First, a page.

Knowing about Knowing, a Good Start!


(…on Metacognition)

Once upon a time, “metacognition” was an alien term for me. After taking up the course on Theories of Learning, “metacognition” has become one of my favorite concepts.

Why not? It helped me survive my UPOU classes!  It helped me manage my own learning by knowing what I know and knowing how I know.

Without looking at my notes, I now know its meaning by heart: metacognition refers to knowing about knowing. Metacognition helped me become a more disciplined and a better self-regulated learner.

Encountering “metacognition” is such agood start. Let me share with you my past reflection on metacognition (with some revisions)….

Metacognition : knowing about knowing;  

one’s awareness of one’s own learning or thinking processes (Merriam Webster).

Where and how am I in my learning? Am I truly learning what I’m supposed to learn? To be aware of my own thinking processes (whether it’s shallow or deep, or whether it’s truly working or not), and to apply metacognitive strategies will bring me to my goal: to truly learn and pass this course.I wish I heard about metacognition during the early years of my student life.  I love the video clips.  I’ll definitely share them with my children and students.  Metacognition will surely help us become successful learners.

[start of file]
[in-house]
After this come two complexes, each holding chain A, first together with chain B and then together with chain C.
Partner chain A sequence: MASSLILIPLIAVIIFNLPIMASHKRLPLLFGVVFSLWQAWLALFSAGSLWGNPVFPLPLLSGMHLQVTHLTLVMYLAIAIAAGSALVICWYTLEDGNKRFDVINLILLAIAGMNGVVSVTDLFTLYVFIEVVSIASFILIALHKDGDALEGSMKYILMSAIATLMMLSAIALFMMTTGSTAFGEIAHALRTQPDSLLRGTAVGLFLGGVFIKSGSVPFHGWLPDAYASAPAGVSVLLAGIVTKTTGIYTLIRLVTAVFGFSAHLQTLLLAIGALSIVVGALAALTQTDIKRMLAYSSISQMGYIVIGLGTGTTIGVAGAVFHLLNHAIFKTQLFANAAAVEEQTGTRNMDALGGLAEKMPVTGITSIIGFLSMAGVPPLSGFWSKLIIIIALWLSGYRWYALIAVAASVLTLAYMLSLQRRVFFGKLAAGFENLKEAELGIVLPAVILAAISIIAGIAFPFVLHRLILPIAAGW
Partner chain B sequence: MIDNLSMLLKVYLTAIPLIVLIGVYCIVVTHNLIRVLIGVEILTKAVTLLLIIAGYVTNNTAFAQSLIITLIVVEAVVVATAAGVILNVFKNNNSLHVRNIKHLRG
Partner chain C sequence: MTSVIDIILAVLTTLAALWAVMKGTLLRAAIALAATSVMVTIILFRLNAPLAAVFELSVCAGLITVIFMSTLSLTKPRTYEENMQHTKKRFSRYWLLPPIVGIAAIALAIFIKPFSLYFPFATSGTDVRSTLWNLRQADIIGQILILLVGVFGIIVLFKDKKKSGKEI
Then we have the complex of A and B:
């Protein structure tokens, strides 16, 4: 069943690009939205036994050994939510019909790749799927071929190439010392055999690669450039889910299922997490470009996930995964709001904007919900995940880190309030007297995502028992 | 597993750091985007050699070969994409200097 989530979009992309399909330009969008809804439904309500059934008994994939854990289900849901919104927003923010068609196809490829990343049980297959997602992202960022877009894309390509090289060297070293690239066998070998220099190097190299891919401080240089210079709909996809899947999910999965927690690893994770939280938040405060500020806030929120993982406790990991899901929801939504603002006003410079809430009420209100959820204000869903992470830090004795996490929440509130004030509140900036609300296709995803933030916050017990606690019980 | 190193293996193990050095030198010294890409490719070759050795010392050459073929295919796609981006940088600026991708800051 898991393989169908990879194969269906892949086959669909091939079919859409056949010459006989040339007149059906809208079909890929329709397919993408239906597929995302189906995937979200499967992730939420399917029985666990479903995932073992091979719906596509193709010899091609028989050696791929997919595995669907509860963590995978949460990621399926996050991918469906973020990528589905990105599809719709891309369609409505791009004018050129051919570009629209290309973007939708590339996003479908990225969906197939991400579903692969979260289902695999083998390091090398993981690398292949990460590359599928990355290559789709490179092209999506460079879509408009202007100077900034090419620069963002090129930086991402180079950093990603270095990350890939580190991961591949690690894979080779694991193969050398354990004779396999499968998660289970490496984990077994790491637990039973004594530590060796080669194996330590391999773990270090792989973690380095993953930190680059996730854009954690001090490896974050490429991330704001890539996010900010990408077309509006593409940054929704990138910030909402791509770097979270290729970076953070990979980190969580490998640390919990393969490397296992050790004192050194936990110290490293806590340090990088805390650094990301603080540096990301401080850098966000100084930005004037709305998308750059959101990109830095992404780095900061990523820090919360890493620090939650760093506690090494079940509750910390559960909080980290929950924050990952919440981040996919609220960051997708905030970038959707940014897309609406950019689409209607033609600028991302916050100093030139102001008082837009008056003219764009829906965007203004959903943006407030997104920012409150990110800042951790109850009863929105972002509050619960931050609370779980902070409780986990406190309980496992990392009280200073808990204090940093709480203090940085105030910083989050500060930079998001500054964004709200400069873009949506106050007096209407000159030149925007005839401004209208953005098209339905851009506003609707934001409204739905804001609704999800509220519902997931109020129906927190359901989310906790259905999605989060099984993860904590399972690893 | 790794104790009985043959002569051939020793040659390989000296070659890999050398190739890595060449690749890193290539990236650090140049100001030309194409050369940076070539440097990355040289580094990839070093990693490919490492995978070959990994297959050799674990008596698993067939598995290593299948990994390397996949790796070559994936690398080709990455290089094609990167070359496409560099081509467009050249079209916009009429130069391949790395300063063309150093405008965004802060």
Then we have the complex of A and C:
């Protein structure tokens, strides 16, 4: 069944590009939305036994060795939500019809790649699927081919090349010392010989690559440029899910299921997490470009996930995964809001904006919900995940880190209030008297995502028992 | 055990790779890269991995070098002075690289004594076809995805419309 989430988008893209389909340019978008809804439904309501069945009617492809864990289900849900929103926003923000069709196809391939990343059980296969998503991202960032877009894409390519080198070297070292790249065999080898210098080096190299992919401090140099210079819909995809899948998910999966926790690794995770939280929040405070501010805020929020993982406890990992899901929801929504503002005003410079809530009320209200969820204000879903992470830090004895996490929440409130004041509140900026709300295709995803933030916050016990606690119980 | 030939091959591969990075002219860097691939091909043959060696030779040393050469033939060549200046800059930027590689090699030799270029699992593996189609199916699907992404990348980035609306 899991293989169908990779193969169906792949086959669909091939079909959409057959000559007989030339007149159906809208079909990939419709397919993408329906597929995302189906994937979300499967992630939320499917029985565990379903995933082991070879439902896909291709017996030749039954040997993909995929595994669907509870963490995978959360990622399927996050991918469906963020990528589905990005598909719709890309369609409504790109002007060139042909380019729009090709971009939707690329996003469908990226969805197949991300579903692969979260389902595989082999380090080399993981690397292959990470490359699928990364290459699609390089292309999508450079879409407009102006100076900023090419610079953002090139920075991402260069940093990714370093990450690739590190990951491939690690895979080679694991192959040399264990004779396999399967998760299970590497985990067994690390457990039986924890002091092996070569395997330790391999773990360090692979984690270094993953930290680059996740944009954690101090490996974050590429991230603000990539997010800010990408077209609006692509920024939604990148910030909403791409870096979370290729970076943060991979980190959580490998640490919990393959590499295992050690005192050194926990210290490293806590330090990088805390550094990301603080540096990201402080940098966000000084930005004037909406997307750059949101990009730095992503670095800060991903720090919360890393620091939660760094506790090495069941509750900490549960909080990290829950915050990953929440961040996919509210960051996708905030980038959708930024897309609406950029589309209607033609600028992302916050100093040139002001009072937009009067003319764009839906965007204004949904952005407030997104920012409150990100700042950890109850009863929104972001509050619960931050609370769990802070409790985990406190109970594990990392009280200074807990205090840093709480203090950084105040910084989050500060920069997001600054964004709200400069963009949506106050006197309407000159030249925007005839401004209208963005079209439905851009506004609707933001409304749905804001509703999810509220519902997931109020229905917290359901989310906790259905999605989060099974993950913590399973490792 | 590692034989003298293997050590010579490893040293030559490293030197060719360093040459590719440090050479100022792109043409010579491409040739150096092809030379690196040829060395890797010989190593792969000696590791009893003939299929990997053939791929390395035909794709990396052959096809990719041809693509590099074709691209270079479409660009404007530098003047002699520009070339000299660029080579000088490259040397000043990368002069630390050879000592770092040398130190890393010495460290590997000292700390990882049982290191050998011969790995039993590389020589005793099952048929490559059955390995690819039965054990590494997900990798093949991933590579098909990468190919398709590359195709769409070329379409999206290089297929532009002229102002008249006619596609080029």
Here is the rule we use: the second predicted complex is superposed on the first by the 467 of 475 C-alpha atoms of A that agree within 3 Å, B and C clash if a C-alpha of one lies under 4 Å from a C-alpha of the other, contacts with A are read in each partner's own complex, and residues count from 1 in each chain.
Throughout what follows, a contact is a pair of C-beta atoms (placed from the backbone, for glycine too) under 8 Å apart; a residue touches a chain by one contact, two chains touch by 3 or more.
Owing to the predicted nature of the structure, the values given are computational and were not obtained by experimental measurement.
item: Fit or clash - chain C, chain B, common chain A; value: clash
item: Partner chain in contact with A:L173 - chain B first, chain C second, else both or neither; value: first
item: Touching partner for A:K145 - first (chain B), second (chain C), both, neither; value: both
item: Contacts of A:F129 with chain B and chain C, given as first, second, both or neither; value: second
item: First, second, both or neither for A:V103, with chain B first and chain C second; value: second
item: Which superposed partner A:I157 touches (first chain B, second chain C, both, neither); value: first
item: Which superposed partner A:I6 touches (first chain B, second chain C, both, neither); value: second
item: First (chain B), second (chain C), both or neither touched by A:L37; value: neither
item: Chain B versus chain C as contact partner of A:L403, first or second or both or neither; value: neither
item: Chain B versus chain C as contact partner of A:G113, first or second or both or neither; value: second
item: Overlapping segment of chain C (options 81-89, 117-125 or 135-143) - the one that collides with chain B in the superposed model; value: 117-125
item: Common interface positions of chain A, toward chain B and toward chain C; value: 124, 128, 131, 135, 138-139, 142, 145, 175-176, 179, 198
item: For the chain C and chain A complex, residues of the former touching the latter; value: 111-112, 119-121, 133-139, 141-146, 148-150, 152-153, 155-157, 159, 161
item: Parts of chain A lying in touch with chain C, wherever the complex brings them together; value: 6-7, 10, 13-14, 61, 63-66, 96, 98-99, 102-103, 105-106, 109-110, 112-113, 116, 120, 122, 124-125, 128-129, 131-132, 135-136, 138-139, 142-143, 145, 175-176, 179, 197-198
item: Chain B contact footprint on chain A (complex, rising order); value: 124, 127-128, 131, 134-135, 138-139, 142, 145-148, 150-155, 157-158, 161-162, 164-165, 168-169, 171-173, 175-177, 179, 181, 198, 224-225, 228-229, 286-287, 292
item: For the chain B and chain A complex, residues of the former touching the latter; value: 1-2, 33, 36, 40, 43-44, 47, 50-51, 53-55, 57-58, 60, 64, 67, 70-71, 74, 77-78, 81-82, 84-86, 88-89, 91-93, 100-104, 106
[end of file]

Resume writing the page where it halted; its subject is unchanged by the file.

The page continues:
Sure, I’ll apply Dr. Stephen Chew’s tips on how to deep process the learning materials.  To remind me and to share with you, guys, here’s his list:

  • Elaboration: making meaningful associations/connections. How does a concept relate to other concepts?
  • Distinctiveness: distinguishing the concept. How is the concept different from other concepts? (key difference vs. related concepts)
  • Personal Experience: relating the concept with personal experience(s)
  • Appropriate Retrieval and Application: recalling the concept and applying it in practical real life situations.  How am I expected to use or apply the concept?

I think it will not be a problem for me to apply the above techniques, combined with self-regulation skills, to optimize my learning.  My only problem is time. When you’re a hands-on mom with three growing kids, raising a family, managing a business, a teacher, a student, among the many other roles you need to fulfill, managing time is a big challenge.  Too many things to do, too little time.  That is why I am guilty of multi-tasking.  I think I’m quite good at it, not because it’s my choice but because I need to.  I always find myself juggling with tasks, cramming, and trying to accomplish so many things at a time.


My three resolutions for this course:

  • Manage my time better!  Set self-deadlines ahead of the actual deadlines.
  • Minimize multi-tasking and try to set a special time for EDS 113!
  • Enjoy the journey of learning!


Merriam Webster Inc. (2015). Merriam webster online dictionary. Retrieved from on May , 2015

Samford University (2011). How to get the most out of studying (video clips). Retrieved from on May, 2015

Zimmerman, B.J. (2001). Theories of self-regulated learning and academic achievement: an overview and analysis. In University of Nebraska-Lincoln, Cognitive strategy instruction (p. 1).  Retrieved from on May, 2015